• Being vague about emotions – When we’re trying to avoid feelings, instead of saying them out loud we’ll use words like “bad” instead of “afraid”,
  • Describing thoughts rather than emotions – Someone avoiding their feelings will talk about how something might go wrong, instead of that they’re afraid of something going wrong,
  • Over Analysing – Avoidant behaviour will include rationalising, justifying, and making excuses for choices or actions,
  • Toxic Positivity – Contrarily, someone being avoidant can become overly excited and positive about challenge, adversity. This is their way of defusing anyone saying they’re not challenging themselves, because they’ll indicate how positive they’ve been, but use other reasons for why they won’t participate.

Avoidance Isn't Always About Fear

He Said It Was Easy, Then He Quit

Josh was a Risky Kid with lots of skill, however was often reckless, failing to reflect on behaviour or failure and constantly saying “this is easy”. His Coaches tried to get him to slow down, and improve his techniques but he would refuse. His skills weren’t able to proceed past intermediate Moves, and they were often hazardous.

This was his form of avoidance behaviour. He would be reckless in the classes, and change subjects by doing the moves and challenges he wanted to do. When asked why he didn’t want to do the set challenges or practice he’d describe his thoughts that they were boring and easy. This disengagement created a cycle, where he’d come to classes, not practice, not progress and only ever do things he wanted to do.

His parent got involved, claiming that he was being held back from progressing when he was more than capable, something they’d tell Josh as well. The team explained their reasoning to the parents, and that progressing him would be unsafe physically, and that his Mindsets still needed to be developed if he wanted to succeed in later steps. They pointed out that other kids in his class were progressing, and that he was being left behind.

The parent eventually unenrolled Josh because he began telling them that he was bored, and didn’t enjoy the program any more.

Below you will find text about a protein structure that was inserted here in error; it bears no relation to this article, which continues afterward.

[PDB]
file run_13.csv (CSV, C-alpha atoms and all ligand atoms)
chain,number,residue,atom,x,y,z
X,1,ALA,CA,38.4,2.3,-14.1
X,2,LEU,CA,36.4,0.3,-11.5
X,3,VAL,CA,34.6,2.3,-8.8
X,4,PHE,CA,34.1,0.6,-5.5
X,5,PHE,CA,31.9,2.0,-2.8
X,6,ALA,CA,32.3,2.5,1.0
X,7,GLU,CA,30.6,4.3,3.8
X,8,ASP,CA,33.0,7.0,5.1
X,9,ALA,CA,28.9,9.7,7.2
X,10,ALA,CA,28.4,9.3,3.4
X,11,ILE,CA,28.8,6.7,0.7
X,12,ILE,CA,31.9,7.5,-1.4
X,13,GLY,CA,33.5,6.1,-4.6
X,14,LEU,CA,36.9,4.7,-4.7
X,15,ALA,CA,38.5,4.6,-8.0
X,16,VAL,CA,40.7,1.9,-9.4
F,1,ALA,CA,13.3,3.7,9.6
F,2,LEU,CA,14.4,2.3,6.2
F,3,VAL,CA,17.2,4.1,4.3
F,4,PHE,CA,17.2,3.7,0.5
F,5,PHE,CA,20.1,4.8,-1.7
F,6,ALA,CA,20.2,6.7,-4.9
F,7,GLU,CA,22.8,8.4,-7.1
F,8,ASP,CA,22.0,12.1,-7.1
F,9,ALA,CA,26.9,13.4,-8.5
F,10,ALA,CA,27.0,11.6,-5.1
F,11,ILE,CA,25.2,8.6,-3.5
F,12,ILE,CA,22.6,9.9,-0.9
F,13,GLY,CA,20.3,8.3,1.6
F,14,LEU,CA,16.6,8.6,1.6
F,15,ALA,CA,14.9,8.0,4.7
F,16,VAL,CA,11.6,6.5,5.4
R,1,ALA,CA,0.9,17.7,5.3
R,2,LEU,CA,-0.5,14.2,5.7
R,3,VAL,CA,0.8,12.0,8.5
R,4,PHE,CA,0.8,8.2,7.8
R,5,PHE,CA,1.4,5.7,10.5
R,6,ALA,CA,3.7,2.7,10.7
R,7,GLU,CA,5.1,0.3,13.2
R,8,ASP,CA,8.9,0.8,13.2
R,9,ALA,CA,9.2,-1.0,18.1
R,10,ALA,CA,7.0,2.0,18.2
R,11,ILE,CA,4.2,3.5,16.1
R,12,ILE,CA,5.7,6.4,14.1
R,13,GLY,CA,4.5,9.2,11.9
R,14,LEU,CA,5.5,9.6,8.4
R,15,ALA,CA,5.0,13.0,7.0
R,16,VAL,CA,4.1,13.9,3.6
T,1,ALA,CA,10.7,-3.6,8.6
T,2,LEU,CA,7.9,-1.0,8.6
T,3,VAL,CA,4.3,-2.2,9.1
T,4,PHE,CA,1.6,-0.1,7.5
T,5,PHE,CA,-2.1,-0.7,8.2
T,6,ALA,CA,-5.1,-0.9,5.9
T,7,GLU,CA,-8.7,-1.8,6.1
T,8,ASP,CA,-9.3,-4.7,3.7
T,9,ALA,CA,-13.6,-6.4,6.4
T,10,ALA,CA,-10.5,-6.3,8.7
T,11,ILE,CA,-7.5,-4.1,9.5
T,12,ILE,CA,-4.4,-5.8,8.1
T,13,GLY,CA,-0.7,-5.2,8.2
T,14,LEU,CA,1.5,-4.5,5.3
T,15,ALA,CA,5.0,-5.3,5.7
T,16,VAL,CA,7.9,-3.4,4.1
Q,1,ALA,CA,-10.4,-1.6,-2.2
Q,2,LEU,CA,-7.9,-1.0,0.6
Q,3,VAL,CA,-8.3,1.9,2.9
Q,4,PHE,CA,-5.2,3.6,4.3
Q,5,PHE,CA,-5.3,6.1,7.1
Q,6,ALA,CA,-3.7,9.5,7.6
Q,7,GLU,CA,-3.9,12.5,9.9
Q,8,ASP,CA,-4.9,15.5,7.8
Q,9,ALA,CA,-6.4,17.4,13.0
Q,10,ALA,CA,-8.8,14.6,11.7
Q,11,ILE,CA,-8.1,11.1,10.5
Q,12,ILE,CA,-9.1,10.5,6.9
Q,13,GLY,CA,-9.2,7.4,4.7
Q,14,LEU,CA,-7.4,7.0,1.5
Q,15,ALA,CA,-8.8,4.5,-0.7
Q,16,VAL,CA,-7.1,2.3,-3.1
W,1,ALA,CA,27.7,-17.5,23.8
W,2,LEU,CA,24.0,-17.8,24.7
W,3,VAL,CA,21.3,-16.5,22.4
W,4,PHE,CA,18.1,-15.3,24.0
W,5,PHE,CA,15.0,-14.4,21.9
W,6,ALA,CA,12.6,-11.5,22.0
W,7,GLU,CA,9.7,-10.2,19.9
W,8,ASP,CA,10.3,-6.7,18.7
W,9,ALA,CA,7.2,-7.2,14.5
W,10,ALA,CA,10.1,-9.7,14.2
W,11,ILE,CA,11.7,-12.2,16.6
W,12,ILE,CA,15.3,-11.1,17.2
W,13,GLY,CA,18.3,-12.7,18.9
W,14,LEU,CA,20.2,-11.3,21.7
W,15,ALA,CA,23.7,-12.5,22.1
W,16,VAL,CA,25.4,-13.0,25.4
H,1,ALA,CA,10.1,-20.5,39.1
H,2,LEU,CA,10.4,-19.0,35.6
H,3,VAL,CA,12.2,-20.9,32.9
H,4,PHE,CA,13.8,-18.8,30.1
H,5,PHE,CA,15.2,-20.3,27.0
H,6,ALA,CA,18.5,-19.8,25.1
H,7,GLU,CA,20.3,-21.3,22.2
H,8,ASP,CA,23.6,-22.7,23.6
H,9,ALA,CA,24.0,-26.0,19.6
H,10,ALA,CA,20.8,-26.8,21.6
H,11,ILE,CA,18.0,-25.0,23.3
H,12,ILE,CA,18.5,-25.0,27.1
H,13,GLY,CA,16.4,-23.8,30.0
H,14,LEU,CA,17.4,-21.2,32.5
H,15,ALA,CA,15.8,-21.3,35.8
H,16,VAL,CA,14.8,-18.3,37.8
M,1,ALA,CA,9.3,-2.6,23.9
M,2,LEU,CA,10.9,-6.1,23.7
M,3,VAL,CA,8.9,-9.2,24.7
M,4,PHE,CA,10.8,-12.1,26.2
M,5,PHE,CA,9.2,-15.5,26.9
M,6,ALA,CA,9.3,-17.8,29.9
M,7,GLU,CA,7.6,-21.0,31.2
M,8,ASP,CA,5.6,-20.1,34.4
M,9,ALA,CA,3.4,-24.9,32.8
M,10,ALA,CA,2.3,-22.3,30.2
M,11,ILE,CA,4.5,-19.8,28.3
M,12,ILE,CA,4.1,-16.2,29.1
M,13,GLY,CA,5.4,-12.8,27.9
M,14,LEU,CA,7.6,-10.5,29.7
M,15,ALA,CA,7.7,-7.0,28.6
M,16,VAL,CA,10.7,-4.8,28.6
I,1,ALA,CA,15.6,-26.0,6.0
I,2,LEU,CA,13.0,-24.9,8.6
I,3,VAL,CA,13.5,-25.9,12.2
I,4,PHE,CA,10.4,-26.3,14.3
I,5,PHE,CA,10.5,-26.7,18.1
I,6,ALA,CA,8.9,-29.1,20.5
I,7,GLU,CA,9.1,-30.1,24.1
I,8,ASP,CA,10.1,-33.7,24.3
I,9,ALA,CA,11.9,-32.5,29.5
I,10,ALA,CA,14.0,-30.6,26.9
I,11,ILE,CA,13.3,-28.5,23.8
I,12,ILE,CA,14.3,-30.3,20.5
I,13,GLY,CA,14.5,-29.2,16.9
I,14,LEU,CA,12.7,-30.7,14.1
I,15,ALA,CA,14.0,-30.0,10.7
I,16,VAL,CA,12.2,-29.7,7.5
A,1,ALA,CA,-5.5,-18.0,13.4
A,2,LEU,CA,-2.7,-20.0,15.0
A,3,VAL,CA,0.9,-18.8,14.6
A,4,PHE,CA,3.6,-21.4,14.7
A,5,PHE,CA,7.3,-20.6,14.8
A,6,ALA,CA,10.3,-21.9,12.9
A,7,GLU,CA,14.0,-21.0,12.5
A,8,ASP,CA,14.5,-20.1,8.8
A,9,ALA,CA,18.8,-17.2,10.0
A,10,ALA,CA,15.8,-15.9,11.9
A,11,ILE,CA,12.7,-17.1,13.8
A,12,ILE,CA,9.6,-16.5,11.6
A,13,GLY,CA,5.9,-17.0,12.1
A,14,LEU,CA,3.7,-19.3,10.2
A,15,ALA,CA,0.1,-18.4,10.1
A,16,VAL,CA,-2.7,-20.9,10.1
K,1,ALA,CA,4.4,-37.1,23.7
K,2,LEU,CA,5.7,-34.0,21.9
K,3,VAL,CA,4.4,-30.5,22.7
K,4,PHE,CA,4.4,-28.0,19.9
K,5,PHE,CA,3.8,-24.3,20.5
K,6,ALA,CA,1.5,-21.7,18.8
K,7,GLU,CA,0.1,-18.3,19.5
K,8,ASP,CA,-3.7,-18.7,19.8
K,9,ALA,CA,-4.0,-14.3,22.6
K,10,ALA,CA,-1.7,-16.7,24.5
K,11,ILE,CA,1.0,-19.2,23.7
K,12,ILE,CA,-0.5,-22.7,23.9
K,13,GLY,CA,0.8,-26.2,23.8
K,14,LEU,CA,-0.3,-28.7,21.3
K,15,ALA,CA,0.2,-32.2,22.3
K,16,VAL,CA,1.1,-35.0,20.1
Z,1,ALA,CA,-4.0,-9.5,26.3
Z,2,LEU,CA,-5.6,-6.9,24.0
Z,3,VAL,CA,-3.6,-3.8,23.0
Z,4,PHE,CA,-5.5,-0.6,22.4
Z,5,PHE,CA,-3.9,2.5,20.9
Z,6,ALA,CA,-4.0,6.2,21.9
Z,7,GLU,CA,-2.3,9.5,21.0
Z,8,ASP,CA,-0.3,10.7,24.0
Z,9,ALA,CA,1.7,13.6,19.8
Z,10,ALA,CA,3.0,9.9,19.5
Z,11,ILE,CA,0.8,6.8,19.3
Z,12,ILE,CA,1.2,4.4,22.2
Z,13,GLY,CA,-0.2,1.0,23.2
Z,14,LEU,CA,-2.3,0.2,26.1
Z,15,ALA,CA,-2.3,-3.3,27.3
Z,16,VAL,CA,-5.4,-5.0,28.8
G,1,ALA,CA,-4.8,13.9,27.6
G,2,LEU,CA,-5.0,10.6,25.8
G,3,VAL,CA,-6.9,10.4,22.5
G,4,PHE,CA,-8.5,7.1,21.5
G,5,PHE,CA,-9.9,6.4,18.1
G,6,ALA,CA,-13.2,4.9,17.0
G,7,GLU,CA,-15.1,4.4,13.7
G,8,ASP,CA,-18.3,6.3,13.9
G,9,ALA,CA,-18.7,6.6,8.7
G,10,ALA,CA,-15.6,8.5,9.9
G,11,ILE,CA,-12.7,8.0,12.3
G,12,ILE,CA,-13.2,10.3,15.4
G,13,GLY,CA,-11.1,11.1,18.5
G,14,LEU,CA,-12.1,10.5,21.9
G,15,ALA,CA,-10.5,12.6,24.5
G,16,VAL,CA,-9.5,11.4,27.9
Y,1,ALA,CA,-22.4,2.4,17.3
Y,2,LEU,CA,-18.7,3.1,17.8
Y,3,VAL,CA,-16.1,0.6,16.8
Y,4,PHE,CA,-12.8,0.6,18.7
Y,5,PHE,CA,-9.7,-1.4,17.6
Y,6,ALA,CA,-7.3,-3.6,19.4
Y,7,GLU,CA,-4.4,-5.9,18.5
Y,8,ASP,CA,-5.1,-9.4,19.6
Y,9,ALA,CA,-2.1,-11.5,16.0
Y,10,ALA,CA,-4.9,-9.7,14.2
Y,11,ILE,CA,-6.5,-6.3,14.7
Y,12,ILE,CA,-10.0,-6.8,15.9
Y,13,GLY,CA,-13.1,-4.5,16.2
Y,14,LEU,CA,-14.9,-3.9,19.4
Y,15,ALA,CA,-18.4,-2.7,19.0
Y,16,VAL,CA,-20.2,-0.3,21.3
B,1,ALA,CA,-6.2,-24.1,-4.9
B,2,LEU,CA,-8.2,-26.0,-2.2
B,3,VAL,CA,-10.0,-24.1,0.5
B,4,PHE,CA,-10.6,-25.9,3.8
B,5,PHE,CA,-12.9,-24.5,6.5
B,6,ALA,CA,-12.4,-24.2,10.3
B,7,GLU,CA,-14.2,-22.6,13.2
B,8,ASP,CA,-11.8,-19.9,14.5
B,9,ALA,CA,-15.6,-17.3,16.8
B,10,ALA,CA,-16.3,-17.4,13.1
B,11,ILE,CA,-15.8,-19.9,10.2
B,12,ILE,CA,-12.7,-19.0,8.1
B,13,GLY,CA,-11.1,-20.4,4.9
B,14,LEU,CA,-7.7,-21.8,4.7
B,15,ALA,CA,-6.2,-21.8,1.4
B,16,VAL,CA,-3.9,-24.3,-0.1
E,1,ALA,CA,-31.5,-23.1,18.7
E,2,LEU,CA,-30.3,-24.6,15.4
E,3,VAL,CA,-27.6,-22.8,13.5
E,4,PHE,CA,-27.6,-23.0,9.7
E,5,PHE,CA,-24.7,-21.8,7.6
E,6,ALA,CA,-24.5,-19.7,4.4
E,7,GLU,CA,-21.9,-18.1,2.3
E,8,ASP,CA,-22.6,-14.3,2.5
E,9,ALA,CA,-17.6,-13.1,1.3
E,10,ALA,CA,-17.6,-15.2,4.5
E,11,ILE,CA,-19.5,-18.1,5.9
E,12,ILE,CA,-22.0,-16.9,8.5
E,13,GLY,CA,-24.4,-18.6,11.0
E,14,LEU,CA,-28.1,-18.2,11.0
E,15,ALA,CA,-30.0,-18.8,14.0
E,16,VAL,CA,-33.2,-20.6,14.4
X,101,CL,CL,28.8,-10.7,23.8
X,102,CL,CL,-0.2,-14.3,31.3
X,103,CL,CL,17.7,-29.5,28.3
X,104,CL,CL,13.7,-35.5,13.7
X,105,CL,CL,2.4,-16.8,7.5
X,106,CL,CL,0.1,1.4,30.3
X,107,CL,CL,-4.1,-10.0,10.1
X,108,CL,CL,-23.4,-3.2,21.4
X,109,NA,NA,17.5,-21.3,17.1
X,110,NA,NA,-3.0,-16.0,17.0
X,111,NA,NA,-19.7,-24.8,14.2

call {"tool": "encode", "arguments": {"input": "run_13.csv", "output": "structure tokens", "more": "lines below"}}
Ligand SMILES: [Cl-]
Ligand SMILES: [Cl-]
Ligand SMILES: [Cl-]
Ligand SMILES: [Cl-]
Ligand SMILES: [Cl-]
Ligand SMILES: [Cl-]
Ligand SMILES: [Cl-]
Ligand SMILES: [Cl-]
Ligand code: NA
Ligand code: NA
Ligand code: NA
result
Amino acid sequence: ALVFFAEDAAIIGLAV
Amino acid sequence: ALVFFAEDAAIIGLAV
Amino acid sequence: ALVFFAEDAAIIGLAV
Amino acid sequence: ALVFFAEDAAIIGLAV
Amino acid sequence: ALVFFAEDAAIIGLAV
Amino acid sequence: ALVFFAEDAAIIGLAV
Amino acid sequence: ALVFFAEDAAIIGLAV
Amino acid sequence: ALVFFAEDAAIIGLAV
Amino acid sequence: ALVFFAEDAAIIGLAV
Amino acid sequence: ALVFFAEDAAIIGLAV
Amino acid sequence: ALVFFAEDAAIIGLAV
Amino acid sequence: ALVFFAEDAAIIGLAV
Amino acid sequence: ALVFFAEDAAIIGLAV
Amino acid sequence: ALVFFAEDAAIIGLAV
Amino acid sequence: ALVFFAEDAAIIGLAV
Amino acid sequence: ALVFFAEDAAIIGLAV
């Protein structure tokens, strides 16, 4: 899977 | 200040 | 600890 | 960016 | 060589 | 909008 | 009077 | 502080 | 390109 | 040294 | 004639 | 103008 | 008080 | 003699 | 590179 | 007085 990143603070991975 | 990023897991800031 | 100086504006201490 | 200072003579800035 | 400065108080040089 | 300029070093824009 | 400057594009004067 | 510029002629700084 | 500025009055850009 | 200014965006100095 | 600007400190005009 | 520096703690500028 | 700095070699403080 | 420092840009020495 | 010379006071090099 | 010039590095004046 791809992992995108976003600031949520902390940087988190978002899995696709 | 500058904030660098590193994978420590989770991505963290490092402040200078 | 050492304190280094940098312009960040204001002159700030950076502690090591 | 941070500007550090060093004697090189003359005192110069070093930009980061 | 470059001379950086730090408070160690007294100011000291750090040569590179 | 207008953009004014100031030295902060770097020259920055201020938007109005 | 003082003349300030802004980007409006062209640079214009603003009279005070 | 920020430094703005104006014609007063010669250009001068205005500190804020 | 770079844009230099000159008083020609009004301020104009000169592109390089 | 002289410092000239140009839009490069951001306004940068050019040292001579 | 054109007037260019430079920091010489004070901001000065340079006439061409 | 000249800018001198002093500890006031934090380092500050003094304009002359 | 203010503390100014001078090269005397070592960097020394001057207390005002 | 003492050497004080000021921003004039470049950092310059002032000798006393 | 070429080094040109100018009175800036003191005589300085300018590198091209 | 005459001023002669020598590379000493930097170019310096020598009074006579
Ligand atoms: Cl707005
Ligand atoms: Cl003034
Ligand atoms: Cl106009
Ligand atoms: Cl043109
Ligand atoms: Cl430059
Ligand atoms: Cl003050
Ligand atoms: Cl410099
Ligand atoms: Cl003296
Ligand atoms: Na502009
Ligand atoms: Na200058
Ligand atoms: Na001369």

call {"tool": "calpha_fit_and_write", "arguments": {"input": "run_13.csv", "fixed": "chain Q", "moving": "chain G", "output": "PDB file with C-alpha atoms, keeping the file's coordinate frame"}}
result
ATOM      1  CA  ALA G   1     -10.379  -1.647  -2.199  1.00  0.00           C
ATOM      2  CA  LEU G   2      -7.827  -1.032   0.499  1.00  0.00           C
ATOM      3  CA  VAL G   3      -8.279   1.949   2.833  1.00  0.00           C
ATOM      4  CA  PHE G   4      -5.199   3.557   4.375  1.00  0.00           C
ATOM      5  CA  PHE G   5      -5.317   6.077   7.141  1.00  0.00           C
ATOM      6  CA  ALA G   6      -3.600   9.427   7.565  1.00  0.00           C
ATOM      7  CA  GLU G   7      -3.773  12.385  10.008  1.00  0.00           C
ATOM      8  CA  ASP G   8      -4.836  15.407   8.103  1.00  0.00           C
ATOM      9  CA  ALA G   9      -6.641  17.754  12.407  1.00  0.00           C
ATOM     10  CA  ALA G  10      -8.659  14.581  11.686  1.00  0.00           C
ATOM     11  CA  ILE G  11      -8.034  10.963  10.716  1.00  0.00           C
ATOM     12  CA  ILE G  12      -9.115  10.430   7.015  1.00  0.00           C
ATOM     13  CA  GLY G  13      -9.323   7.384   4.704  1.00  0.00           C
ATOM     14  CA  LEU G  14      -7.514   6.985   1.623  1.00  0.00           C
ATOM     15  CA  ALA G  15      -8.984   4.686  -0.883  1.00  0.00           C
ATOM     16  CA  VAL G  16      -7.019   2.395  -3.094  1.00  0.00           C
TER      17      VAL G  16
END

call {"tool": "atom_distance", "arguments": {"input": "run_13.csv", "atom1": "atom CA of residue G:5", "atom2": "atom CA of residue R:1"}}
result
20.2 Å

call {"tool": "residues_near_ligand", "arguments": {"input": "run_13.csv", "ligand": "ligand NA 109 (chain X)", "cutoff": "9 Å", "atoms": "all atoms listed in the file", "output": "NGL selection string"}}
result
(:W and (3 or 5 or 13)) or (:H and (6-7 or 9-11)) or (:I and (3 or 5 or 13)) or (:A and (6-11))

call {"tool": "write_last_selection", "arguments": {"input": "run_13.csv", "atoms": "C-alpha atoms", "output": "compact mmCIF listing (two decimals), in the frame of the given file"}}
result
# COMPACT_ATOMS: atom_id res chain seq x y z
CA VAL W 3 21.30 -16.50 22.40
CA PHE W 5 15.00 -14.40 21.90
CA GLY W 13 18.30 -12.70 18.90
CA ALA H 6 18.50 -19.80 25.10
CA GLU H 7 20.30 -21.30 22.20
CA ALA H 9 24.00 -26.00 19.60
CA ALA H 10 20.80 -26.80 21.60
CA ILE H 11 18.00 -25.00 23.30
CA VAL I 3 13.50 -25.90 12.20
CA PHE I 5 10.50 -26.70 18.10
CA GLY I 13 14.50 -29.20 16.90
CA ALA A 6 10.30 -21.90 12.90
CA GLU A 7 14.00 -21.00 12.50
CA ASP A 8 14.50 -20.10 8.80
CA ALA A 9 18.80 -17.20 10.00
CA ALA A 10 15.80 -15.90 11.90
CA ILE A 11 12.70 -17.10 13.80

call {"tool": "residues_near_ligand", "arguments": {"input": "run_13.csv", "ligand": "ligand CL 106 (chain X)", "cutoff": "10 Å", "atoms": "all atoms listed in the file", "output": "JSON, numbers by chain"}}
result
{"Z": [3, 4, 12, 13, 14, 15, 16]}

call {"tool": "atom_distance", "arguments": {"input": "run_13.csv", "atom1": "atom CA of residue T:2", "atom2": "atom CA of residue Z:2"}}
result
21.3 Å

Avoidance Is Avoidance Of Feelings, Not Context

  • Avoidance behaviour aims to escape feelings, not the situation itself.
  • A young person’s request to leave is often to avoid overwhelming emotions.
  • Individual resilience varies; different circumstances trigger different responses in people.

One of the most critical distinctions you can understand about avoidance is that when we’re engaging in avoidance behaviour, we’re not trying to avoid a situation or circumstance. We’re trying to avoid the feeling that it triggers within us.

For example, a young person might turn up to Risky Kids for their first time, and immediately become upset and ask to leave. They’re not asking to leave Risky Kids, they haven’t even done a class yet! It’s a new environment, they don’t know our values, or our Coaches or the other Risky Kids.

What they want is to not feel overwhelmed and upset, and the way they achieve that is by leaving. This is proven by the fact that the next kid through the door won’t have a problem! It’s not just that this kid is more resilient, they’re just having different feelings. On a different day, under different circumstances, their experiences could be easily reversed.

Healthy & Unhealthy Avoidance

Avoidance has a role though. We’re not supposed to ignore it or try to circumvent it all the time.

  • Avoidance is necessary in harmful situations or to escape physical pain and emotional distress.
  • Distinguishing healthy from unhealthy avoidance requires understanding and examining our thoughts and feelings.
  • Sometimes avoiding or confronting situations is essential for growth, like ending unreciprocated friendships or facing job challenges.

Avoidance should kick in when we’re trying to leave a toxic or harmful relationship. Avoidance should kick in if we’re in physical pain and want it to stop. When we’re distressed or upset we should take action to get help, to navigate those feelings and move beyond them.

This is the challenge though. Every day we’re going to participate in avoidance behaviour in heaps of different situations. We need to begin to build up the skill set to be able to understand and examine our thinking to determine what’s healthy and what’s not. It’s never just the case that we can trust our own thoughts or feelings! We should believe that we can always be better.